A detailed description of the plant can be found in Edgar and Forde (1991) and illustrations are provided by Hubbard (1954) and Gateley (2015).


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A. capillaris is native to most of Eurasia, from Ireland and Britain in the west, through Siberia and Central Asia, as far east as China and from Scandinavia south to the Mediterranean, including Tunisia in North Africa. It has been introduced and has naturalized in the Americas (USA, Canada, Greenland, Brazil, Argentina and Chile), southern Africa, Australia and New Zealand (USDA-ARS, 2016). It has also been introduced to several islands, including Saint Helena, Hawaii, South Georgia and the South Sandwich Islands (GISD, 2016).

A. capillaris is widespread largely in the western and eastern sides of North America and is considered invasive in the northeastern and western states of the USA (GoBotany, 2016; USDA-NRCS, 2016).

In Australia, A. capillaris is widely naturalized in the wetter parts of southern Australia, in much of New South Wales, Victoria,Tasmania, southeastern South Australia and the coastal districts of southwestern Western Australia (Queensland Government, 2016).

In New Zealand it has been naturalized since the 1840s and is now extremely widespread (Thomson, 1922) as it is an important fodder plant of dryland pastures (Levy, 1924). However, it has a significant role in the degradation of native grasslands (Treskonova, 1991).

Distribution Table

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The distribution in this summary table is based on all the information available. When several references are cited, they may give conflicting information on the status. Further details may be available for individual references in the Distribution Table Details section which can be selected by going to Generate Report.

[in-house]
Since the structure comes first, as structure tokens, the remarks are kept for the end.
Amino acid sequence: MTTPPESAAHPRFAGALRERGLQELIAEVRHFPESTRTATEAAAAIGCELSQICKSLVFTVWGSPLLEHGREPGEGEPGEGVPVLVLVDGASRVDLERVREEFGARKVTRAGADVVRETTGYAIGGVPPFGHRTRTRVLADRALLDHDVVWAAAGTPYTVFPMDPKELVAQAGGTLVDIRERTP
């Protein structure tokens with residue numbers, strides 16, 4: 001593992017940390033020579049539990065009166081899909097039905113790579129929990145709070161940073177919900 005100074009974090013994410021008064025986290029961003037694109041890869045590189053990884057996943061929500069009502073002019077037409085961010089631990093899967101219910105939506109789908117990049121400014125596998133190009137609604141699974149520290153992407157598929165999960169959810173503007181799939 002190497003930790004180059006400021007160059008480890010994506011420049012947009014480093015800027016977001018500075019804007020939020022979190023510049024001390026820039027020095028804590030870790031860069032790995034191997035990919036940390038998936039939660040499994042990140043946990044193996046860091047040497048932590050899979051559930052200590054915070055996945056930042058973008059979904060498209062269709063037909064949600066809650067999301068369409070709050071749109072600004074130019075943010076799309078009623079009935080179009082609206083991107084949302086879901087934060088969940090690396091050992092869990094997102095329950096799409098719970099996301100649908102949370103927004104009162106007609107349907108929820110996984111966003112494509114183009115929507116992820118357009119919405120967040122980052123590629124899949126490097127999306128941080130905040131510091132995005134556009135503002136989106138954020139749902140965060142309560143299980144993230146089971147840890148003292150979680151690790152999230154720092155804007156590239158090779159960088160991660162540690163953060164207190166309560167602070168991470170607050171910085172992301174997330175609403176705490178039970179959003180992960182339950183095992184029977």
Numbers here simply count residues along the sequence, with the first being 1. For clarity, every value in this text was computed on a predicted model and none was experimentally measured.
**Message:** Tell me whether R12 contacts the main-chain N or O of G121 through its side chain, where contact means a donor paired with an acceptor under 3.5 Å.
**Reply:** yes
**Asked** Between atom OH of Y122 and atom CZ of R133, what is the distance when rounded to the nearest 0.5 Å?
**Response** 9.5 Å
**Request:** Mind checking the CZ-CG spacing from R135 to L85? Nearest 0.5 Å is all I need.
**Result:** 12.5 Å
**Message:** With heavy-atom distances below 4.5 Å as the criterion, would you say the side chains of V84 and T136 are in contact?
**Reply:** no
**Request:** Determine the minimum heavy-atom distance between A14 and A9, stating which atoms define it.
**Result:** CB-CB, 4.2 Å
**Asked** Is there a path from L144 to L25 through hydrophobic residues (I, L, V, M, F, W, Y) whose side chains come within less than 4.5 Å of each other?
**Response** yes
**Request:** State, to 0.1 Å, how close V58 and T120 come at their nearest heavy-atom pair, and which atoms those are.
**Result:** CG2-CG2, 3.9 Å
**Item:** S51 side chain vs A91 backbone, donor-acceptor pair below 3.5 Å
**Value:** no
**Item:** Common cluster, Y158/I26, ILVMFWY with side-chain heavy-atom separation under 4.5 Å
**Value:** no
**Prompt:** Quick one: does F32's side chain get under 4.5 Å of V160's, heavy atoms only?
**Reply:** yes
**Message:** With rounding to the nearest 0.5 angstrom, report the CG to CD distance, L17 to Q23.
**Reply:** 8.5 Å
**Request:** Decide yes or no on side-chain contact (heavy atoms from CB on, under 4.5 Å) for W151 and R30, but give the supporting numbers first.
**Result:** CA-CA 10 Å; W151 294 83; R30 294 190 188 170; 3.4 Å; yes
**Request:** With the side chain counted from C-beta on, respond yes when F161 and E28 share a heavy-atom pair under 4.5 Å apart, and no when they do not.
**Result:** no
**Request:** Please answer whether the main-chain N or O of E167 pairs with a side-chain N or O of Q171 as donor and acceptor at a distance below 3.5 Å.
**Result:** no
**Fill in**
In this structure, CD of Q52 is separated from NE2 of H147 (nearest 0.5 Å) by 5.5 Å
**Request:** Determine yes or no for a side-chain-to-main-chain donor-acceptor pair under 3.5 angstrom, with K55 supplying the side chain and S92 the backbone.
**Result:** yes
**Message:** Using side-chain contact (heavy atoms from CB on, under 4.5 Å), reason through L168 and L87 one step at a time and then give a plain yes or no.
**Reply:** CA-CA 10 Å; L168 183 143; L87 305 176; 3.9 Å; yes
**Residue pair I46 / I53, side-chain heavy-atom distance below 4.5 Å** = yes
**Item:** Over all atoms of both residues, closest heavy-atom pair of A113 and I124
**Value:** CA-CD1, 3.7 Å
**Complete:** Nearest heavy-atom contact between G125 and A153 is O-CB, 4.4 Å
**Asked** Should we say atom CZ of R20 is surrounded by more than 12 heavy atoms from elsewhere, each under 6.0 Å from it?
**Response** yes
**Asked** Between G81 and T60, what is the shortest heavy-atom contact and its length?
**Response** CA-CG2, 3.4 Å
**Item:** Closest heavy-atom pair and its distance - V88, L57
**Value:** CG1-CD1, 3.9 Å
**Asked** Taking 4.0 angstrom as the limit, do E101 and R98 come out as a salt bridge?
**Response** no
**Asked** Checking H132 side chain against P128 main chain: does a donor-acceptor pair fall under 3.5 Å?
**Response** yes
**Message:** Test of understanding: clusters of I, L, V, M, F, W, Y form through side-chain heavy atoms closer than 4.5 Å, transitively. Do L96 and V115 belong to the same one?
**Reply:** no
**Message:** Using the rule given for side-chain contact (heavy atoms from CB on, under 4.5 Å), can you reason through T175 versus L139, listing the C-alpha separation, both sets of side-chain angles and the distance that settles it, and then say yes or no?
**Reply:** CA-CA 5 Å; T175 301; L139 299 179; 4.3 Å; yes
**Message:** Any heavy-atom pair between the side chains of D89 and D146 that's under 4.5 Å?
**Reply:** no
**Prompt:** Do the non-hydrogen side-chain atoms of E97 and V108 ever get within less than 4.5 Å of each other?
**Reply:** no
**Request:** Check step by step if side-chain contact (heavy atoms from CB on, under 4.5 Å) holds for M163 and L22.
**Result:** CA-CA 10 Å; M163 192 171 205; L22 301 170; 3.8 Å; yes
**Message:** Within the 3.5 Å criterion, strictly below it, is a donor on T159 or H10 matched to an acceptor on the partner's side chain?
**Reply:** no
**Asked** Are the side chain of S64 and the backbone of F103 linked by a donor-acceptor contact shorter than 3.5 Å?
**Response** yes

Continent/Country/RegionDistributionLast ReportedOriginFirst ReportedInvasiveReferenceNotes


AfghanistanPresentNative Not invasive USDA-ARS, 2016
ArmeniaPresentNative Not invasive USDA-ARS, 2016
AzerbaijanPresentNative Not invasive USDA-ARS, 2016
BhutanPresentIntroducedNoltie, 2000
ChinaPresentNative Not invasive Flora of China Editorial Committee, 2016
-HenanPresentNative Not invasive Flora of China Editorial Committee, 2016
-Nei MengguPresentNative Not invasive Flora of China Editorial Committee, 2016
-NingxiaPresentNative Not invasive Flora of China Editorial Committee, 2016
-ShanxiPresentNative Not invasive Flora of China Editorial Committee, 2016
-XinjiangPresentNative Not invasive Flora of China Editorial Committee, 2016
Georgia (Republic of)PresentNative Not invasive USDA-ARS, 2016
IndiaPresentIntroducedNoltie, 2000
-West BengalPresentIntroducedNoltie, 2000
IranPresentNative Not invasive Rechinger, 1963
KazakhstanPresentNative Not invasive USDA-ARS, 2016
TurkeyPresentNative Not invasive Davis, 2008


Saint HelenaPresentIntroduced Invasive Varnham, 2006
-Tristan Da CunhaPresentIntroducedVarnham, 2006Gough Island
-Canary IslandsPresentNative Not invasive Izquierdo et al., 2004
TunisiaPresentNative Not invasive USDA-ARS, 2016

North America

CanadaPresentIntroducedUSDA-ARS, 2016